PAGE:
As an Apartment Therapy contributor and design addict, I'm pretty sensitive to my living and working environments. Right around the time Yahoo's Marissa Mayer banned employees working from home, I was asking my boss if I could work from home a couple of days a week.

I got to the point where I couldn't handle the 2.5 hours of commuting every day, which entailed three forms of transportation. I also work in a windowless, privacy-less area with fluorescent lighting, which is the closest thing to hell for me.

She understood my work-space issues and obliged until she could find a better spot for me. Since then, I feel so much happier, healthier, and more pleasant to be around. Before 9am, I am able to workout, throw in some laundry, and shower in the time it takes me to race through city traffic to get to my office.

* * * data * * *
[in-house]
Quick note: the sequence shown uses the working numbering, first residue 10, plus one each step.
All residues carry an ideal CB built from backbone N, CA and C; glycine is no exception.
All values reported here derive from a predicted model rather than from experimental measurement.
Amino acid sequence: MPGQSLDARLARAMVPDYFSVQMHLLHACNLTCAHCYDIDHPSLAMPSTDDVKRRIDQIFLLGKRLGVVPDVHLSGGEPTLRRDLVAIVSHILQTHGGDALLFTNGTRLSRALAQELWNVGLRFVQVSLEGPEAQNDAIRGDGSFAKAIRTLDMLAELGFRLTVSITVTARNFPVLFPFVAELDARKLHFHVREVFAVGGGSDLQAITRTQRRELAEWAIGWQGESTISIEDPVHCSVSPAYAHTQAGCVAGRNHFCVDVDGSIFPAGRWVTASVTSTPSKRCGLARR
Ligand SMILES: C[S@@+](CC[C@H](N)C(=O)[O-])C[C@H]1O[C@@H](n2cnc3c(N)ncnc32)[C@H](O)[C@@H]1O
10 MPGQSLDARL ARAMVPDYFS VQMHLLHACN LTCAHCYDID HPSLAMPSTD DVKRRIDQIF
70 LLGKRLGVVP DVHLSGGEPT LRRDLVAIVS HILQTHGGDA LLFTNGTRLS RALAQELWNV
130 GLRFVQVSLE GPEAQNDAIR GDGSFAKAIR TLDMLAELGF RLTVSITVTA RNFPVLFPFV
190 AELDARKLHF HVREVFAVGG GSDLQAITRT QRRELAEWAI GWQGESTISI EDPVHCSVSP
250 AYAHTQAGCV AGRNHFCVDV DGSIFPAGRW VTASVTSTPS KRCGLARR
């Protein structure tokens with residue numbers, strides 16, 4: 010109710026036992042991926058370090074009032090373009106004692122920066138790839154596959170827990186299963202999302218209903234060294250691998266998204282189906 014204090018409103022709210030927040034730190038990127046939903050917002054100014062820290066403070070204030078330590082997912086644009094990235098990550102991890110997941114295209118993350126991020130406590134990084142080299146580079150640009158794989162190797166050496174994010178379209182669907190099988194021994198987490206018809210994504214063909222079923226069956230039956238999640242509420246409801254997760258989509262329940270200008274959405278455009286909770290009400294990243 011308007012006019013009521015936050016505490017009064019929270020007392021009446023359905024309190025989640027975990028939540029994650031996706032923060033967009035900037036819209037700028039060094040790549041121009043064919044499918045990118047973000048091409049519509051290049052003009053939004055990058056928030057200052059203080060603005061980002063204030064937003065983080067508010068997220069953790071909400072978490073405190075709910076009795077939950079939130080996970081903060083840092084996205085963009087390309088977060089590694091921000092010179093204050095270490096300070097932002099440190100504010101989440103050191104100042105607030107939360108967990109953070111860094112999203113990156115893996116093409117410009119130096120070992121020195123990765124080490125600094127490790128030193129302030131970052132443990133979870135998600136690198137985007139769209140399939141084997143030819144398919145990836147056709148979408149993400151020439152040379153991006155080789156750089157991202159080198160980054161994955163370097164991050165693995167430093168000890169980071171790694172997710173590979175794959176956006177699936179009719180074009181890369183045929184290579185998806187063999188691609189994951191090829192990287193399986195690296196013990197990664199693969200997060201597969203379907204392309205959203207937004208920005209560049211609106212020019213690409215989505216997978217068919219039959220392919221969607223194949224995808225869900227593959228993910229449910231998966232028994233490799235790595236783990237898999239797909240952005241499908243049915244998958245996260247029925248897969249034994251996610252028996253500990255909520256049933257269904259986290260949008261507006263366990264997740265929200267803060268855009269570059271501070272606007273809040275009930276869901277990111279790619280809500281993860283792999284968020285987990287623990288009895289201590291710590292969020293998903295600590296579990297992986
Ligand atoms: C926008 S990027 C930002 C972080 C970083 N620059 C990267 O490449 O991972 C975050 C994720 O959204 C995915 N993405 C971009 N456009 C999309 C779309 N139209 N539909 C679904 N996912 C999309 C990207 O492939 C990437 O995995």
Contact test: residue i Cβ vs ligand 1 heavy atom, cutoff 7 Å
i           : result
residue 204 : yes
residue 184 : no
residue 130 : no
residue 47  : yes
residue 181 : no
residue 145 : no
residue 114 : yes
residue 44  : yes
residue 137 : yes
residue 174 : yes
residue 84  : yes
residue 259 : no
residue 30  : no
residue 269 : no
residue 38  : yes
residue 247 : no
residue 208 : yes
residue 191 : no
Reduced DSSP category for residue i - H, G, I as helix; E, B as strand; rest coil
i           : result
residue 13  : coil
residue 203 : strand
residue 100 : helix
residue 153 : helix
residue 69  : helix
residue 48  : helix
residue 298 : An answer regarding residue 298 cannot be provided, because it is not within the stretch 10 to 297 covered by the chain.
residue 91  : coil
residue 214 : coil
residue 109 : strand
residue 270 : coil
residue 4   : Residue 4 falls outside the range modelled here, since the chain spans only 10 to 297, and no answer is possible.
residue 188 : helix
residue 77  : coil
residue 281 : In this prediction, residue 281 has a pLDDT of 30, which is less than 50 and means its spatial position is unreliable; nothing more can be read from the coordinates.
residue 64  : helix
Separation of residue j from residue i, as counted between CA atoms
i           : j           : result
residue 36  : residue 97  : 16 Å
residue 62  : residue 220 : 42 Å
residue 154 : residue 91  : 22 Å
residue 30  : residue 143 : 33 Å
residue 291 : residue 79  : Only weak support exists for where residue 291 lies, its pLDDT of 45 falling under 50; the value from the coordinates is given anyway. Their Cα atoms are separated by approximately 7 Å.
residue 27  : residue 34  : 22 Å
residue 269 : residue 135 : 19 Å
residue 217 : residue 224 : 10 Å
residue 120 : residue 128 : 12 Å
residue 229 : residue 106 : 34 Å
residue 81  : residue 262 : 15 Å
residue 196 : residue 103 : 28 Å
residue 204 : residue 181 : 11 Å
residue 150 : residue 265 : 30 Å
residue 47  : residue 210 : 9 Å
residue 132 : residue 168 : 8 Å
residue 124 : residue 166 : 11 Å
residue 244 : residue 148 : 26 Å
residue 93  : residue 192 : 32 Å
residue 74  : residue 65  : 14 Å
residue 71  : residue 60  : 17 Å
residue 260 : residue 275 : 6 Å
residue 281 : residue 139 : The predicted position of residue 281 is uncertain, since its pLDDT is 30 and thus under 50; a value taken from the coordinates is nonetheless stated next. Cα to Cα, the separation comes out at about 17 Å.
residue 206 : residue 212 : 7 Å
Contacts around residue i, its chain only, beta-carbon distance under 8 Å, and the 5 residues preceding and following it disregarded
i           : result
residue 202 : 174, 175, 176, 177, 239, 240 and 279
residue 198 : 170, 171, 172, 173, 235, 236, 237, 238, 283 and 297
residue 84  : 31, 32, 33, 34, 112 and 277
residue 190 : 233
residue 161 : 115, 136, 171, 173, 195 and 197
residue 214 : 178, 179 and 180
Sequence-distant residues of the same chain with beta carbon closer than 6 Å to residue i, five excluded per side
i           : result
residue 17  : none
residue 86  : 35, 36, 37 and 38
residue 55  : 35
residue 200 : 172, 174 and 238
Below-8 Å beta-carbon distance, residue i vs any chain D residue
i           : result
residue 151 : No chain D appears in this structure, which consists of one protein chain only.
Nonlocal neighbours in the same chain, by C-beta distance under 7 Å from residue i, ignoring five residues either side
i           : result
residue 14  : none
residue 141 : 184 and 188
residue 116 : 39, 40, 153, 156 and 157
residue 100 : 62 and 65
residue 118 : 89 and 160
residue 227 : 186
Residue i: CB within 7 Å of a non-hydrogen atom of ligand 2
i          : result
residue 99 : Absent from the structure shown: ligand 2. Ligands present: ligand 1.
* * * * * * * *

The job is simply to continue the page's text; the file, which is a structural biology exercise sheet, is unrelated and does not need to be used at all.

My desk faces a sunny Bay window (that opens unlike office windows) and looks out to my pretty San Francisco neighborhood. I still work very hard and find I'm much more creative without the constant distraction of other employees "knocking" on my cube. I eat much healthier too when I can cook lunch at home and find that I don't stress-snack like I do in the office. I am also saving on commuter costs.

It might not be for everyone and I wouldn't need it every day (working from home every day can start to feel isolating for me) but I do think employers need to look at the individual and meet the needs of those who perform well but are more sensitive to their environments. In fact, a recent study of the National Bureau of Economic Research found that employees who work from home are 13% more productive.

Do you work from home? What benefits/drawbacks have you seen?

MORE ON WORKING FROM HOME ON APARTMENT THERAPY:
Separating Life From Work When You Work From Home
10 Tips for Successfully Working from Home
Making it Work: Working From Home With Kids
10 Tips for Successfully Working from Home

(Image: Jason Loper)